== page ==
Did you know we have secret gardens in Rome?
If you're looking for some peace and quiet in Rome, it can be tough to come by when you are zipping around in high season, trying to see all the sites along with the hordes of other visitors like you.
Would you believe that there are some real oases of peace, right in the center of Rome? Right near the tourist sites?
I am talking about green space, fresh air, and a respite from the din and chaos of touristy Rome. A place to sit, take in some nature, gather your thoughts, your strength, and some zen.
But often, when I am making my way through the crowds in Rome, I need a place to rest my feet, to absorb some of that sensory overload that Rome can give you, for better or for worse, and really, to just some peace and quiet for a moment.
Below you'll find my favorite secret gardens in Rome near many of the main tourist attractions.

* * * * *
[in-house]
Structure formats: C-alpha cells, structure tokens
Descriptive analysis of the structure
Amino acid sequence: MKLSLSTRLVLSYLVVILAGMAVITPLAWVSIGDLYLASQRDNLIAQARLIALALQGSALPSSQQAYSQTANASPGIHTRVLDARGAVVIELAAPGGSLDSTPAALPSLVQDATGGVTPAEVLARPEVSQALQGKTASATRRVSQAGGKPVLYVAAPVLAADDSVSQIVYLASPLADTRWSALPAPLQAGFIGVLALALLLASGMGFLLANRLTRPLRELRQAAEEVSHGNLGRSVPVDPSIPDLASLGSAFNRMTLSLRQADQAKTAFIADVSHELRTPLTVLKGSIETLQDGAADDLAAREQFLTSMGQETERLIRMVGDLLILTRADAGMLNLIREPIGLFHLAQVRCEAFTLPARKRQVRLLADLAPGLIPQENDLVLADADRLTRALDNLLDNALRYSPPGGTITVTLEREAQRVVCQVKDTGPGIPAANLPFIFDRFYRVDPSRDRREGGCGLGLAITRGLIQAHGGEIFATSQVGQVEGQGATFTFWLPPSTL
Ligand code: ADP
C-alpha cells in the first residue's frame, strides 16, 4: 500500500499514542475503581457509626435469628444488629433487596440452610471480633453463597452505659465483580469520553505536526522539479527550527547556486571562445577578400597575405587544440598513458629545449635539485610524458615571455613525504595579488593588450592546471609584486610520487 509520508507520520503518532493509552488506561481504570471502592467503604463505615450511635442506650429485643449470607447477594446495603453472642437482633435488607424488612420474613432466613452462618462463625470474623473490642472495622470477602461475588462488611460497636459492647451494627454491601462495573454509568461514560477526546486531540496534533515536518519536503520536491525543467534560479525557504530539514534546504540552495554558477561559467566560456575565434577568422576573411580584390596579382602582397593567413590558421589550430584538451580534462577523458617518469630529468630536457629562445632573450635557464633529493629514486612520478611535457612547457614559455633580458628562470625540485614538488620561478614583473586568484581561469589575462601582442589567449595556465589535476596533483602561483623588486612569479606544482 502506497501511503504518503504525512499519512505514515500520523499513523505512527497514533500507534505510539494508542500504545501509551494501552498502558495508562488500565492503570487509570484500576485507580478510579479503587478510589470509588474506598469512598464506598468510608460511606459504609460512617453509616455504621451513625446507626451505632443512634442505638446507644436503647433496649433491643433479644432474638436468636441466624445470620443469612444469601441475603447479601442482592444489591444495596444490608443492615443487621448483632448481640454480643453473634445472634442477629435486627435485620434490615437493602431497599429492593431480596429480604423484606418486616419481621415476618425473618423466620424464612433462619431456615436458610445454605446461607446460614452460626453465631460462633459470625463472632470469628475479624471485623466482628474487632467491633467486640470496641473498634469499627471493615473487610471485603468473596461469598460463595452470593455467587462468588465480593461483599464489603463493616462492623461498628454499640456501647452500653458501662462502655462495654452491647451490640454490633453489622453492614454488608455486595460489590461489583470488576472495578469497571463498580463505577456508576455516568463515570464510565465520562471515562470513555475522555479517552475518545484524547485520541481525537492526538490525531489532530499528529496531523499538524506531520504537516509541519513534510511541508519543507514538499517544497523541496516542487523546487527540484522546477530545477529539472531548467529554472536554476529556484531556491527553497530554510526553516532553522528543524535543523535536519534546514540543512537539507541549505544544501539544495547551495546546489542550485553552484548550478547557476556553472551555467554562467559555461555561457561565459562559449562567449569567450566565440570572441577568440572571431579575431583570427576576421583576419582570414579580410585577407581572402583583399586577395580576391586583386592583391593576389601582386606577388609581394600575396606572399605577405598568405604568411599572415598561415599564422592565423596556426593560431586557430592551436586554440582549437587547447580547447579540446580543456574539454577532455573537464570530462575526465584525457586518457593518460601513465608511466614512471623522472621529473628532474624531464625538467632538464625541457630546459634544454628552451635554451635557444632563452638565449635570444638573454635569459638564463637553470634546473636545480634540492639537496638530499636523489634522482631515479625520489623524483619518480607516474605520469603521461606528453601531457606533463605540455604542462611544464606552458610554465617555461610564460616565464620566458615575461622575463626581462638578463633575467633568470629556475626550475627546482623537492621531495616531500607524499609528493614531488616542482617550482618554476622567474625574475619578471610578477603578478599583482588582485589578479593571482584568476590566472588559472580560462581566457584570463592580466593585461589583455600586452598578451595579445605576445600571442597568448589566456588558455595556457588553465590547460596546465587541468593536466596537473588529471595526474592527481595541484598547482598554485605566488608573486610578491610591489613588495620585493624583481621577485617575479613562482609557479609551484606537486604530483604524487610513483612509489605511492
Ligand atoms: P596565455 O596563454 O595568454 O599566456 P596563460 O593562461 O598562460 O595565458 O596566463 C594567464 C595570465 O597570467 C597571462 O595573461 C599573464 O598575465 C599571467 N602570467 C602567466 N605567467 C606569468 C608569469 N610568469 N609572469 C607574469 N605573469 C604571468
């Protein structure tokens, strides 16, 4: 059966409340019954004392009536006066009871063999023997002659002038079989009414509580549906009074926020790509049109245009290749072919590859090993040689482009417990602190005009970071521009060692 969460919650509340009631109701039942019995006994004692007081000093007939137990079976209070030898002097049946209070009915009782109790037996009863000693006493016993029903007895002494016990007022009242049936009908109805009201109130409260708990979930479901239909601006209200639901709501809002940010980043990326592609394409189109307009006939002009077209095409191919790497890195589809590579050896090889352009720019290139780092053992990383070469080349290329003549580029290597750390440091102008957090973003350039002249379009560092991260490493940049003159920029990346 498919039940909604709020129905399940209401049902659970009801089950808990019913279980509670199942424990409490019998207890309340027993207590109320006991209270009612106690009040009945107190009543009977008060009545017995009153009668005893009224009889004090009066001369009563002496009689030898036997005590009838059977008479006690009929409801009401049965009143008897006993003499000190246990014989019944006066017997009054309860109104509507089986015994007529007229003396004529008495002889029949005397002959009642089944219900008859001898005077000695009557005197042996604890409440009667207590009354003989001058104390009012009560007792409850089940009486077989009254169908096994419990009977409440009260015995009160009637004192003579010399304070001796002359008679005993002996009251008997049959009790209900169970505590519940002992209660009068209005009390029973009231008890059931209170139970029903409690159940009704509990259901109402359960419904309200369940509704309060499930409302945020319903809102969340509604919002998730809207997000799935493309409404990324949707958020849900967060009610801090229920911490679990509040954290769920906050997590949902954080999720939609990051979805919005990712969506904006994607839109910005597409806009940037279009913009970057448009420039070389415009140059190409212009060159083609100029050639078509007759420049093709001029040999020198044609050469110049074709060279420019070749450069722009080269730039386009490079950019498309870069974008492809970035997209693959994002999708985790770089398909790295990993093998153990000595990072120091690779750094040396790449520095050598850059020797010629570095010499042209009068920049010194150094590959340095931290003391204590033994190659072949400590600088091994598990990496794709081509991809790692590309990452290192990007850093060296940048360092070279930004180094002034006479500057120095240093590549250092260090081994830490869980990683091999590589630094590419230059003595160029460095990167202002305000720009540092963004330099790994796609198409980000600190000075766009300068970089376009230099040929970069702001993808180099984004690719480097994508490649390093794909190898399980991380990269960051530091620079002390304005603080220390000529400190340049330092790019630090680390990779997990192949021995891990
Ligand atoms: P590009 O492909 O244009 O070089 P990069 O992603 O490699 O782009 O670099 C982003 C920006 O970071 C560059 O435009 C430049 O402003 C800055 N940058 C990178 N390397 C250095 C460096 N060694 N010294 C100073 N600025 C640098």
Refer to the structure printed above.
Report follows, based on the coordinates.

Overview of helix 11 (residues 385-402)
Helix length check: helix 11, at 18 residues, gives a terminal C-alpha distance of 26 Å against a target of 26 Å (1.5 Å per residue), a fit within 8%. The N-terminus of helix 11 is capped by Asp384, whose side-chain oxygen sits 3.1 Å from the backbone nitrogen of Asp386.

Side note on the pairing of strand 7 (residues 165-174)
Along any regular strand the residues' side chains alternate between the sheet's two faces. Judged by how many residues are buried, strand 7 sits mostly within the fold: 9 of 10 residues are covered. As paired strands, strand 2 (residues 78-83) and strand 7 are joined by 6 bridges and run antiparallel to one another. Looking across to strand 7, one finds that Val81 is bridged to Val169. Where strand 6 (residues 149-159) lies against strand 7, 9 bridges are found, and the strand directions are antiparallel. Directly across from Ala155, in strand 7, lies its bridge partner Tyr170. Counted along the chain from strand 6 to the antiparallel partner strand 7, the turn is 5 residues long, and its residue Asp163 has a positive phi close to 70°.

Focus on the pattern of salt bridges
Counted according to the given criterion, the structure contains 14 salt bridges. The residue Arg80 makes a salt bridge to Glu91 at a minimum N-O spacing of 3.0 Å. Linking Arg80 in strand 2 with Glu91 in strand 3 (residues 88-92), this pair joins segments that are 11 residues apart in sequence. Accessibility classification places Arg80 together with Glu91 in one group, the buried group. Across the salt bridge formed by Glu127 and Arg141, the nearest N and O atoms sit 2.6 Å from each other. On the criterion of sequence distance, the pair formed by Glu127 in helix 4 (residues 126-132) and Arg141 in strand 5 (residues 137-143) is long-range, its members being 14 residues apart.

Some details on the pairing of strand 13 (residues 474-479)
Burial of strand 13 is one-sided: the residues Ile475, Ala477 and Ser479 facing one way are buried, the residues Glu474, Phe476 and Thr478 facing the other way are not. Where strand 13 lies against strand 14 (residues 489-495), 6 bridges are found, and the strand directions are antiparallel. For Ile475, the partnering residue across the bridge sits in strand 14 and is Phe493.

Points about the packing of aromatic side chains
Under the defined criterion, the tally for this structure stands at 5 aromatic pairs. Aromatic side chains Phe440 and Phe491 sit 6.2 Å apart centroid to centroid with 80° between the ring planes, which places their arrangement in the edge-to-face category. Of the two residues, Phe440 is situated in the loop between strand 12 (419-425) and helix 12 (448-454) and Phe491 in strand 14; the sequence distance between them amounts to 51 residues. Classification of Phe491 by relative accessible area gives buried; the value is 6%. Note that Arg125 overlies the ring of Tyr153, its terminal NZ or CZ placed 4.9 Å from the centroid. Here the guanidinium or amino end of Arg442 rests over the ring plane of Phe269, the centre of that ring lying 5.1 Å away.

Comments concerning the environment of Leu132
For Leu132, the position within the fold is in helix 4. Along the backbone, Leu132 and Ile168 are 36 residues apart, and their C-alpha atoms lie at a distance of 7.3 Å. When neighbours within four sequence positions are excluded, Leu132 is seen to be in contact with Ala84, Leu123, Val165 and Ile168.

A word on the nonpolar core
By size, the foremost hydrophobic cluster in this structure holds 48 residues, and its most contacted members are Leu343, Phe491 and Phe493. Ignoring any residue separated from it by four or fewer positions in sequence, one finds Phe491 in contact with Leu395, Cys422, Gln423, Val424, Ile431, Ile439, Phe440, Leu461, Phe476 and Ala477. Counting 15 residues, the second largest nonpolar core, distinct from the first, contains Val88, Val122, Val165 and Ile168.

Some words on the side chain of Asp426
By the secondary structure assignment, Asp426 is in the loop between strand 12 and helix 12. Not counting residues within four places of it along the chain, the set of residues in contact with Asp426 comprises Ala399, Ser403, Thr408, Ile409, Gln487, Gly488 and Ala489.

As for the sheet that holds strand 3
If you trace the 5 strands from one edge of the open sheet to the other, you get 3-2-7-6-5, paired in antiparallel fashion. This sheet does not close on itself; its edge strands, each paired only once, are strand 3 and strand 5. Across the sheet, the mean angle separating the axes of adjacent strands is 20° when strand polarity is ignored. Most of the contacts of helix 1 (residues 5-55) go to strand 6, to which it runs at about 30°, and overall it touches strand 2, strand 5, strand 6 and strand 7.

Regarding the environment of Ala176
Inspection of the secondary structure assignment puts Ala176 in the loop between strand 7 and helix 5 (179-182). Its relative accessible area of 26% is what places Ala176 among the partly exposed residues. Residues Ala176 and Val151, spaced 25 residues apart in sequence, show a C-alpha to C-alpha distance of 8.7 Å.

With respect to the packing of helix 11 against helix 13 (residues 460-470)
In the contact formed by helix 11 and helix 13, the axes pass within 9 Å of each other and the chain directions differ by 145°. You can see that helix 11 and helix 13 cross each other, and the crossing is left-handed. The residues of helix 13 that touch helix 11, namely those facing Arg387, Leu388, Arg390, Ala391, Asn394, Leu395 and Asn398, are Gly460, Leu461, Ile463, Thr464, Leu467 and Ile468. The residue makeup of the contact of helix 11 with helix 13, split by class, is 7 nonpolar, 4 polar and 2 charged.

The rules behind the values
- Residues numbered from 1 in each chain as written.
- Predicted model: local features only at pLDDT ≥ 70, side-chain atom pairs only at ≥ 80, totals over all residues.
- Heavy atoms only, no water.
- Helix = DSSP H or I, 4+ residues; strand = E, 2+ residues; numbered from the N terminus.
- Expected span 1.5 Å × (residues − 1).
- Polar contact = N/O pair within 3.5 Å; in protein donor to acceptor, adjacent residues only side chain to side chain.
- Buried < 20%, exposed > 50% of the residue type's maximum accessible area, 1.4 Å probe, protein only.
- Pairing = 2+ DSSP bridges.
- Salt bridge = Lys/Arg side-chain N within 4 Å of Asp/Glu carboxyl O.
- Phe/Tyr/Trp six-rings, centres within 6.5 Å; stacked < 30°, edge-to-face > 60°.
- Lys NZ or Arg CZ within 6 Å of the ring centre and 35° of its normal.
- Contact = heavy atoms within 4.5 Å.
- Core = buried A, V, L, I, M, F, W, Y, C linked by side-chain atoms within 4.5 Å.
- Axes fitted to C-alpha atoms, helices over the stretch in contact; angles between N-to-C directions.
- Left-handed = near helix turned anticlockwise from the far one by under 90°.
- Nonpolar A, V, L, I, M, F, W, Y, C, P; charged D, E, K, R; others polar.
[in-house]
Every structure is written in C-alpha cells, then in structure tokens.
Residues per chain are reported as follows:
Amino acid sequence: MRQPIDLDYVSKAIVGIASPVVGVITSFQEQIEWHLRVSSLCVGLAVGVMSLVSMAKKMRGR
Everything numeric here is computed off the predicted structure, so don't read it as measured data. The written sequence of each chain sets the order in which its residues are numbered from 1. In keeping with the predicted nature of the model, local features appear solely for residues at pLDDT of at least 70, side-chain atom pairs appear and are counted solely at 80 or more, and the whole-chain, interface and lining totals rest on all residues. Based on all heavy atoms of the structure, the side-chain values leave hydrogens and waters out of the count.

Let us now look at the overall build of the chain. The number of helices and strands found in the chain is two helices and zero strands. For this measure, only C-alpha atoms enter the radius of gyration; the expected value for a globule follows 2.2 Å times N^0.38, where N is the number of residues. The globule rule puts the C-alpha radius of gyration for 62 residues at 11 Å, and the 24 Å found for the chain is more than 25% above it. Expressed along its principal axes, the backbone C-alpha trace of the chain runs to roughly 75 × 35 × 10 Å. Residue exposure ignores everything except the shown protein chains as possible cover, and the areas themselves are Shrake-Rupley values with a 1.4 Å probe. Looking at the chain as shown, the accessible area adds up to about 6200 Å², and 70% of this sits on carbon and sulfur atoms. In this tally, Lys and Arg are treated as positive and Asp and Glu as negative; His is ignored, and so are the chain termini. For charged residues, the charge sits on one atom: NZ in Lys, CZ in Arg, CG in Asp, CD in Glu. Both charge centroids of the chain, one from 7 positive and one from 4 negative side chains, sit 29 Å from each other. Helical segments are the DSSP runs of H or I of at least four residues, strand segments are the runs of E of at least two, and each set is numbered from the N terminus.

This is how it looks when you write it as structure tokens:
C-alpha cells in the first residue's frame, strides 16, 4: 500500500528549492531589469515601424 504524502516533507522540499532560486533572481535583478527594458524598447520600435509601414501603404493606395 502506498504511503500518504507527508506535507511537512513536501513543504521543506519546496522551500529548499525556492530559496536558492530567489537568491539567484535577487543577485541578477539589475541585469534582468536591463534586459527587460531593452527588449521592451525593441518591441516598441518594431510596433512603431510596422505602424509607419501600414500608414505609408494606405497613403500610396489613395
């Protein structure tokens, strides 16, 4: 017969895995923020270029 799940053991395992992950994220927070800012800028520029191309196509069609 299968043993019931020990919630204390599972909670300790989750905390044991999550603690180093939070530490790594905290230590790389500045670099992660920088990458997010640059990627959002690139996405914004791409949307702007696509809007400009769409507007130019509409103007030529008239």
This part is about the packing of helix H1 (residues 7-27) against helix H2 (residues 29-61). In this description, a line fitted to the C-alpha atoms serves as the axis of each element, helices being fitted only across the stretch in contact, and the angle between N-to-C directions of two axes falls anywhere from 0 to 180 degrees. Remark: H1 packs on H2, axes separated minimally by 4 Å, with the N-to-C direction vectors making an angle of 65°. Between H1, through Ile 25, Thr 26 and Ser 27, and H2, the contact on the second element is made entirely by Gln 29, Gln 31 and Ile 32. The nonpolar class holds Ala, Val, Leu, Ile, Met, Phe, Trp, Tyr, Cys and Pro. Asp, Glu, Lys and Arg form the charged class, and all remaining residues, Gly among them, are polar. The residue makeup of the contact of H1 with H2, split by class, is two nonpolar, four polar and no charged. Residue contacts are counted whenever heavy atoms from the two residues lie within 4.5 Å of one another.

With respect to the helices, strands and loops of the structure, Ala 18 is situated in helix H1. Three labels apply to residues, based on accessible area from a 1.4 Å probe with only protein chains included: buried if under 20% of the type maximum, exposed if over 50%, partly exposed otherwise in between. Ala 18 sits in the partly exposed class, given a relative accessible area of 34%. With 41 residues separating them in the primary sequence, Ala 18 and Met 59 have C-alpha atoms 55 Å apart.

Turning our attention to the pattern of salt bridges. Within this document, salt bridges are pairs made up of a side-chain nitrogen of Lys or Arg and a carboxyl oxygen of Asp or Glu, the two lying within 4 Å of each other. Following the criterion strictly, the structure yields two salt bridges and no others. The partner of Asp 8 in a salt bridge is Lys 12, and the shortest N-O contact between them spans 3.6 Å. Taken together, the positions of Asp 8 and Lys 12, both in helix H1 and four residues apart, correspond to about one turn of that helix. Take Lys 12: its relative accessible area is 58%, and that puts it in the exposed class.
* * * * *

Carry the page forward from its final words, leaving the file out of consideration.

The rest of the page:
Some are public parks, others are hidden gardens. They are all free and open to the public. Most are open daily, all day long:
Every time I visit the gardens of Palazzo Venezia, I am amazed to find there is hardly anyone there.
It's been open to the public for a few years, but it still seems relatively unknown.
There is a sweet decorative fountain, and there are benches under palm trees filled with chirping birds.
What it's near: Piazza Venezia, and the Complesso Vittoriano (big wedding cake); via Fori Imperiali; Capitoline Hill and Capitoline Museums.